The good and the bad

September 9, 2019

 

 

 

Truly, my hats off to many Chuukese and other citizens of the Federated States of Micronesia who have made Guam their home and are contributing tremendously to our island community. A prime example is Singemasa Billias from Murilo, outer-island of Chuuk in the Northwest region.

 

Billias was recently awarded the Hospitality Employees aRe Outstanding, or HERO Awards, in the Lifesaving Category at Hotel Nikko Guam in Tumon, where he works.

 

Billias is a real-life hero. In a span of six years, he saved four lives as a lifeguard — a whopping number in lifesaving circles. He saved an elderly man in 2012, two children in 2016 (a one-year old baby and 10-year old boy, a few weeks apart), and a Korean woman in 2018. Billias performed cardiopulmonary resuscitation (CPR), bringing drowning victims back to life. Not a small feat, even for a lifeguard.

 

How many regular Joes do you know who have saved even one life on Guam? Two lives, maybe? My point exactly!

 

Billias, like others from Chuuke and FSM, is a positive contributing force. There are a number of them in our midst. Perhaps a lot. They may not all be literal lifesavers like Billias, but nonetheless, they make a big difference.

 

On the opposite side of the proverbial scale, however, we have the “other Chuukese and FSM citizens” — the “rotten apples” in our community, some have called them. These are the ones who seem to just relish criminal activities, making major news headlines and causing outrage pretty regularly. (And there seems to be no shortage of them lately. Now, while these young people may seem prone to committing crimes, I think there may be more to this than meets the eye.)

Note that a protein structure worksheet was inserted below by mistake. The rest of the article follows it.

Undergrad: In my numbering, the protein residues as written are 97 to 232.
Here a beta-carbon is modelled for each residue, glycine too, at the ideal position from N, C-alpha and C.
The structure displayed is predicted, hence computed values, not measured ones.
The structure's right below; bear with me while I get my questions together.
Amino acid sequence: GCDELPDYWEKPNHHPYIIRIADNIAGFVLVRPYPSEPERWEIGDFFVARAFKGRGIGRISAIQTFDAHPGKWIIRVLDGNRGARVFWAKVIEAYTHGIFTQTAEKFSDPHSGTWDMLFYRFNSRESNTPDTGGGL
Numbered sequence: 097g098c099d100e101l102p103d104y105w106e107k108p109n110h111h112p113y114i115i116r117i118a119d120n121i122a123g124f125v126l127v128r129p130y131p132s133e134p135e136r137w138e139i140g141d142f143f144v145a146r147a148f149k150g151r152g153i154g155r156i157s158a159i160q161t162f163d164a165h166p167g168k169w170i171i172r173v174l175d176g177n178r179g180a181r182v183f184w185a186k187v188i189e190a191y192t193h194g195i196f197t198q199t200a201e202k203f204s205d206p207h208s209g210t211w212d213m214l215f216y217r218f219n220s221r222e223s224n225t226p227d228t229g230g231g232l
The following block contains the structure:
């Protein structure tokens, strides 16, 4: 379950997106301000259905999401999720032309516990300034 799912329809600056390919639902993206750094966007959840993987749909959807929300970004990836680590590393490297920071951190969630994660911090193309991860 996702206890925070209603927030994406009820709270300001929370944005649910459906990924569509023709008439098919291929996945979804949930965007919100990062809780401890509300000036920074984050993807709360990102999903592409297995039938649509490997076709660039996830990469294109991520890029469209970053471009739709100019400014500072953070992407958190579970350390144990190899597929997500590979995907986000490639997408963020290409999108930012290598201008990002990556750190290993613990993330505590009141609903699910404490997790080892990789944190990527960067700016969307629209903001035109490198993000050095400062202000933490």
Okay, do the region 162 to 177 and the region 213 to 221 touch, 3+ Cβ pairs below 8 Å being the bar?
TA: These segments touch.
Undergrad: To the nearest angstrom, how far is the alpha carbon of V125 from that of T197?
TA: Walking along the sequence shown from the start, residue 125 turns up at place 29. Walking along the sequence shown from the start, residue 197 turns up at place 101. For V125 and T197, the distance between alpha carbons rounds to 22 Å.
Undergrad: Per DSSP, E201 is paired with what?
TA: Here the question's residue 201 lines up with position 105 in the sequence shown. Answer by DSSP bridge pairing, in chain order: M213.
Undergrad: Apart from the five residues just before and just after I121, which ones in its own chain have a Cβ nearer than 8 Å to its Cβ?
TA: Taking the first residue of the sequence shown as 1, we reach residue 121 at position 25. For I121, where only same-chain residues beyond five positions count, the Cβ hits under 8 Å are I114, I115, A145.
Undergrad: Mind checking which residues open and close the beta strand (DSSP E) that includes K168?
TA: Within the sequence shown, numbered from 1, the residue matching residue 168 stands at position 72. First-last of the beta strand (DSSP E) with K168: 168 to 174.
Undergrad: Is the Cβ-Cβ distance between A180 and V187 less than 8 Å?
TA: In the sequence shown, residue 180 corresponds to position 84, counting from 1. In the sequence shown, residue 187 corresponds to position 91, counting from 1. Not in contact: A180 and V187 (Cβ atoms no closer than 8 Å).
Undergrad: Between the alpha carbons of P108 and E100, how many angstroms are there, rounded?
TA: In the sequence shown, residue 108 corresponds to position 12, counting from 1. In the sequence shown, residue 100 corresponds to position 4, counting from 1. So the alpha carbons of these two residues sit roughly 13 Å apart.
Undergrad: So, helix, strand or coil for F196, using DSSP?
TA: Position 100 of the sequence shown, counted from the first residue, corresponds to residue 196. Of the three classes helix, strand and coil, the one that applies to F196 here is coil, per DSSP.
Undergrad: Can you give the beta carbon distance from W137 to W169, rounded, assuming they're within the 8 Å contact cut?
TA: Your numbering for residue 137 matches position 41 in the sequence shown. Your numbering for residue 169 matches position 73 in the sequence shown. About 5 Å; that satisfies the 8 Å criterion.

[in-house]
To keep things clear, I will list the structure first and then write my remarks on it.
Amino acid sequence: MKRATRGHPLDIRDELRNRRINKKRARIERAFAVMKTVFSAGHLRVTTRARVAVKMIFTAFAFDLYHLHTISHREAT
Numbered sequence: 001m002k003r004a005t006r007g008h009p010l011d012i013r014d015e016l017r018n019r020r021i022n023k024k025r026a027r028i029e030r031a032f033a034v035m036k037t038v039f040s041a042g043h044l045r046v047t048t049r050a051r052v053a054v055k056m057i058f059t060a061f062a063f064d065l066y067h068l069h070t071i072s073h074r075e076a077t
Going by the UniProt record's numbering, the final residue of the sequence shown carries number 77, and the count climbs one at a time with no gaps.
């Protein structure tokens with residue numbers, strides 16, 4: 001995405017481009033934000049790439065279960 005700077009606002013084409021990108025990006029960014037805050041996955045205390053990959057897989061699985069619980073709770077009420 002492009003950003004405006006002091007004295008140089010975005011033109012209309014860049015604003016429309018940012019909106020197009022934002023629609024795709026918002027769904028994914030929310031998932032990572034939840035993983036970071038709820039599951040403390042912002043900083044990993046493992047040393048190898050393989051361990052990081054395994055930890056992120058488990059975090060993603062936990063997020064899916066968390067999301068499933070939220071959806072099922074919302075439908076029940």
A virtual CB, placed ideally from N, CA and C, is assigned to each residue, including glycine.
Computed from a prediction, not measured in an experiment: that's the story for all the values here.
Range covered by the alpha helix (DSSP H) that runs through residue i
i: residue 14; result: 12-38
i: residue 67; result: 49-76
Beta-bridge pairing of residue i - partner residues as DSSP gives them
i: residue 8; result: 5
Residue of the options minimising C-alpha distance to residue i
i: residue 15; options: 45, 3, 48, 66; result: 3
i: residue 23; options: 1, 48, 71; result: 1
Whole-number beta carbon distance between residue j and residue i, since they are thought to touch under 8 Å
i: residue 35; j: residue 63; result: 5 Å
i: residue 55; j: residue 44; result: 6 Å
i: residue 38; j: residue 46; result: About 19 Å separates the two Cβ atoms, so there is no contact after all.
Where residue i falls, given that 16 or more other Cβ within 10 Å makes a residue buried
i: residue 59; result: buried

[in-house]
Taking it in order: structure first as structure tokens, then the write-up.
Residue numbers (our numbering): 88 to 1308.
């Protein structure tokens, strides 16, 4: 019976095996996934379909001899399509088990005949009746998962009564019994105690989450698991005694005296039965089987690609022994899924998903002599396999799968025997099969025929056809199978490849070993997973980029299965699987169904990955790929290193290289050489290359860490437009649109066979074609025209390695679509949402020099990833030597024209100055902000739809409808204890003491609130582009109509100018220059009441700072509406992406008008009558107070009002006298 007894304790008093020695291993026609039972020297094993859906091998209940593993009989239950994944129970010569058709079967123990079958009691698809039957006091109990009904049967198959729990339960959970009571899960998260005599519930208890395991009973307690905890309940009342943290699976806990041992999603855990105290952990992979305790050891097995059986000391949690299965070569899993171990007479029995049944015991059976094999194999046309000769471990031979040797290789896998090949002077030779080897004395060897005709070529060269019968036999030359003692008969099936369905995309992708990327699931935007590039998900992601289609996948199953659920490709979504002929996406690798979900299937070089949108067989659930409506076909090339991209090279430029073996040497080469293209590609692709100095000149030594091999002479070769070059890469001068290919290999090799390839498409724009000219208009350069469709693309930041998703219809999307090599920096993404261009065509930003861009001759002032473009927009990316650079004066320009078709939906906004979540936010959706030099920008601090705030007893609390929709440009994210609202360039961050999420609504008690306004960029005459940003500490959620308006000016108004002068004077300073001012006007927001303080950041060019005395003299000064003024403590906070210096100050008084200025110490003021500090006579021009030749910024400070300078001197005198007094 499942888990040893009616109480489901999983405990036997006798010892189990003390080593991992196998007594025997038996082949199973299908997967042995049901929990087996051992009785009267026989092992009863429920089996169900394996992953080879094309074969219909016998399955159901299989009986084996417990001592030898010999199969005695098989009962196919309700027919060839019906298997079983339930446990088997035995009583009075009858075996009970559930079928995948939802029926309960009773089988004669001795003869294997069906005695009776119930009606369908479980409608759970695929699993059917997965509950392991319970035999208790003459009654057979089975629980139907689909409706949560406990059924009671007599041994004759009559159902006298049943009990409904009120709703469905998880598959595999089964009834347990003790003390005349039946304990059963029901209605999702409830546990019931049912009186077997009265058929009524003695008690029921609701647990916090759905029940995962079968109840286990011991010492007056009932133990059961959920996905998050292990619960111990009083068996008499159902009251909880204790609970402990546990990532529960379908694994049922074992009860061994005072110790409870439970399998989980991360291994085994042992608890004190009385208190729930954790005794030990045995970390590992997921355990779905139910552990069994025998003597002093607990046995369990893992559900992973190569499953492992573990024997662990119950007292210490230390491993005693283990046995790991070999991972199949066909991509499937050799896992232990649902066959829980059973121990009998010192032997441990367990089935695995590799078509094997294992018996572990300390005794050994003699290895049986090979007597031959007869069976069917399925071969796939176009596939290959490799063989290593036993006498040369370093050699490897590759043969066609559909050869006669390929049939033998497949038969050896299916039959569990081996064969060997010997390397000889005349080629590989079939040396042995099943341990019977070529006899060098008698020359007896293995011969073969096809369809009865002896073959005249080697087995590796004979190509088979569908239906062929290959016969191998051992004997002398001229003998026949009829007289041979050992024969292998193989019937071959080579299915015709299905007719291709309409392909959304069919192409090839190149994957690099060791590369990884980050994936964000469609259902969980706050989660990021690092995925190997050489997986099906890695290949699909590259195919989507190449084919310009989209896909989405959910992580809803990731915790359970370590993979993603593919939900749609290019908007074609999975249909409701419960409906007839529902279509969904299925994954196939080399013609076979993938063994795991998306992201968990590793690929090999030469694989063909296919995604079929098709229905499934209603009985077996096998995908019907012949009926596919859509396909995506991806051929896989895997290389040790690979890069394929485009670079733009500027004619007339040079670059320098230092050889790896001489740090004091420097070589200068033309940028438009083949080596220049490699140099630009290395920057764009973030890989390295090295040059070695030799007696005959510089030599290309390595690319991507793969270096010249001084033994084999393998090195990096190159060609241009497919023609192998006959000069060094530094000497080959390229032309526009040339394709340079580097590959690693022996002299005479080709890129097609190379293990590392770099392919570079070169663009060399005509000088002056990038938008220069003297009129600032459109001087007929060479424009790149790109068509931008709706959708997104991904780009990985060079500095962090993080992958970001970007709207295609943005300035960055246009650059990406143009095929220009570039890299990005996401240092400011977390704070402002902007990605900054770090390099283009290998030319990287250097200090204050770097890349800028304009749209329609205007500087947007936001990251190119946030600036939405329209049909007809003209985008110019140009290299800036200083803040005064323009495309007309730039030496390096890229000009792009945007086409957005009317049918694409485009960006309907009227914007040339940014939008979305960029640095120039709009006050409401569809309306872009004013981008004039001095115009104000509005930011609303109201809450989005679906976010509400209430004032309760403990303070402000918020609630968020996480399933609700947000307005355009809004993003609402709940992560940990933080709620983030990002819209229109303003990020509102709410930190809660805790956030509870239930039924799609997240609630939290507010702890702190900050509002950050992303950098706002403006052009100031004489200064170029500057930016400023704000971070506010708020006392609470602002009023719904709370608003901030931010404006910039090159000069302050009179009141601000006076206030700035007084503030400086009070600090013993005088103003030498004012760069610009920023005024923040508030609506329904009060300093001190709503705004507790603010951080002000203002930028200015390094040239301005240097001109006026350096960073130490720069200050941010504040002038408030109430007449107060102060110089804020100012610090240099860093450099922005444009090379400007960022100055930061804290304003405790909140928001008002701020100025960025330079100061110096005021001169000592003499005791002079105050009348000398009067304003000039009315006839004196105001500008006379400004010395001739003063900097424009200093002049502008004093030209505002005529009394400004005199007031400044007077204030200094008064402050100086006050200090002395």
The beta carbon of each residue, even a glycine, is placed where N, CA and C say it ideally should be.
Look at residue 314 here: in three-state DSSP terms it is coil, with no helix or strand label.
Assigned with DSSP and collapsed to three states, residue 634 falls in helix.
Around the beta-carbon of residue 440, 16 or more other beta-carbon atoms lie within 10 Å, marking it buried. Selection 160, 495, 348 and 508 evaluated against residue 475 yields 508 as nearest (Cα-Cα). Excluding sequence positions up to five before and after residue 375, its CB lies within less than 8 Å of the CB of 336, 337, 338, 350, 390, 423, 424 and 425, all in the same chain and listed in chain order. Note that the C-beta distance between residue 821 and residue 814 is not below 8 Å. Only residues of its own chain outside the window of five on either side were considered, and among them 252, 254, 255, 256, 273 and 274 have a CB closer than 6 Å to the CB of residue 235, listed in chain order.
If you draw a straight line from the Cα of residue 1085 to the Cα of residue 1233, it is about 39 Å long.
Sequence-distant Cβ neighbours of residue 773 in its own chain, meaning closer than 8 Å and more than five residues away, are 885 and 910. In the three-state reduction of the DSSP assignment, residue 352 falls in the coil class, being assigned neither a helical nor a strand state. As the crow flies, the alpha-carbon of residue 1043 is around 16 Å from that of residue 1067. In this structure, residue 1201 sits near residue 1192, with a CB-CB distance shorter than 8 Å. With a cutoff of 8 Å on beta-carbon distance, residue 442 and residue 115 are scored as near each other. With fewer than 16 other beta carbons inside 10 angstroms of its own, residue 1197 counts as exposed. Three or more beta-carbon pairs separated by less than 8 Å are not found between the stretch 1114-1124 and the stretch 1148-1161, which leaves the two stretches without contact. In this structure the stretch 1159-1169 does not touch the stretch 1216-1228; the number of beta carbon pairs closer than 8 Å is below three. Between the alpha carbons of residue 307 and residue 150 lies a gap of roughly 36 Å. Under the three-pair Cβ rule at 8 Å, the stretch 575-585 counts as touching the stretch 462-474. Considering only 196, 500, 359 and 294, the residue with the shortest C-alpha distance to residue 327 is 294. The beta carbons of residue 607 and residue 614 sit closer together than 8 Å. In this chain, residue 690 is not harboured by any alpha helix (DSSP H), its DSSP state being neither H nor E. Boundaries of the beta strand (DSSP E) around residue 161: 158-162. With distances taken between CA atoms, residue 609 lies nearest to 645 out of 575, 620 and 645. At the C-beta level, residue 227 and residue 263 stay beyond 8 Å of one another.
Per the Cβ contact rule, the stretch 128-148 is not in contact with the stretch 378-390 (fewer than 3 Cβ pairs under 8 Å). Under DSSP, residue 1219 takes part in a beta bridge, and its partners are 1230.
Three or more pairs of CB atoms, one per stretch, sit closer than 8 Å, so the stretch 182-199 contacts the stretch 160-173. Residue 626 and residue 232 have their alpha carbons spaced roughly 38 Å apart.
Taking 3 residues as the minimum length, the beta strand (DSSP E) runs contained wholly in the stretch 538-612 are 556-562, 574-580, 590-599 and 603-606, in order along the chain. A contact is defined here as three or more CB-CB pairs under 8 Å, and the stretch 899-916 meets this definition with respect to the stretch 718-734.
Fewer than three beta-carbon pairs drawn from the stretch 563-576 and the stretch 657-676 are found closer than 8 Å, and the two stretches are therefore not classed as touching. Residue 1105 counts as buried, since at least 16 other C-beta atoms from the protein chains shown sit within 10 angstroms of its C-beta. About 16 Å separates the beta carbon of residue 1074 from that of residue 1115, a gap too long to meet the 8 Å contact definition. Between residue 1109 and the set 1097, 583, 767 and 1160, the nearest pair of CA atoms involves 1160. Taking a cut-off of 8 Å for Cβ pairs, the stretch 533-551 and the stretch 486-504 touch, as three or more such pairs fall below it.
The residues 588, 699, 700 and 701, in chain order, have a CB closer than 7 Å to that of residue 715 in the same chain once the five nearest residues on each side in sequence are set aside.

Experts may have answers. But one of the things I’ve noticed over the years is the lack of good parenting. I find this primarily among parents (especially single parents), who, for the most part, started having kids at a very young age — when they were still children themselves.

 

Usually, one of the things they fail to teach their children is the value of respect, an underpinning tenet of island cultures across the Pacific Ocean. 

 

The challenge we’re facing today with young Chuukese and FSM residents committing crimes regularly, by the way, is not isolated to Guam. I observed the same phenomenon back on my small outer-island in Chuuk three years ago.

 

I’ve noticed that young people on my island do not show respect for their parents and elders. They would do whatever please them. They demonstrate all sorts of unacceptable behaviors, causing the elders to shake their heads. “What’s going on with our young people?”

 

What was unthinkable years ago has become a sad reality. Simply because the family values we used to teach our children on a daily basis are practically dissolving in front of their eyes.

 

In our community on Guam, we’ve been seeing a number of young Chuukese and FSM people going in and out of correctional facilities.

 

I think we, the Chuukese and FSM parents and community on Guam, especially our churches, need to step up. We must gather and care for our own young people and teach them about respect and other values.

 

The expression “it takes a village to raise a child” must be part of our belief system daily because we are that village our immediate family, extended family, island family, Chuukese family, FSM family on Guam.

 

 

 

 

 

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Alex J. Rhowuniong is a freelance writer. He may be reached at justwrite.ar@gmail.com. Or, visit his website: www.rhowuniong.com.

 

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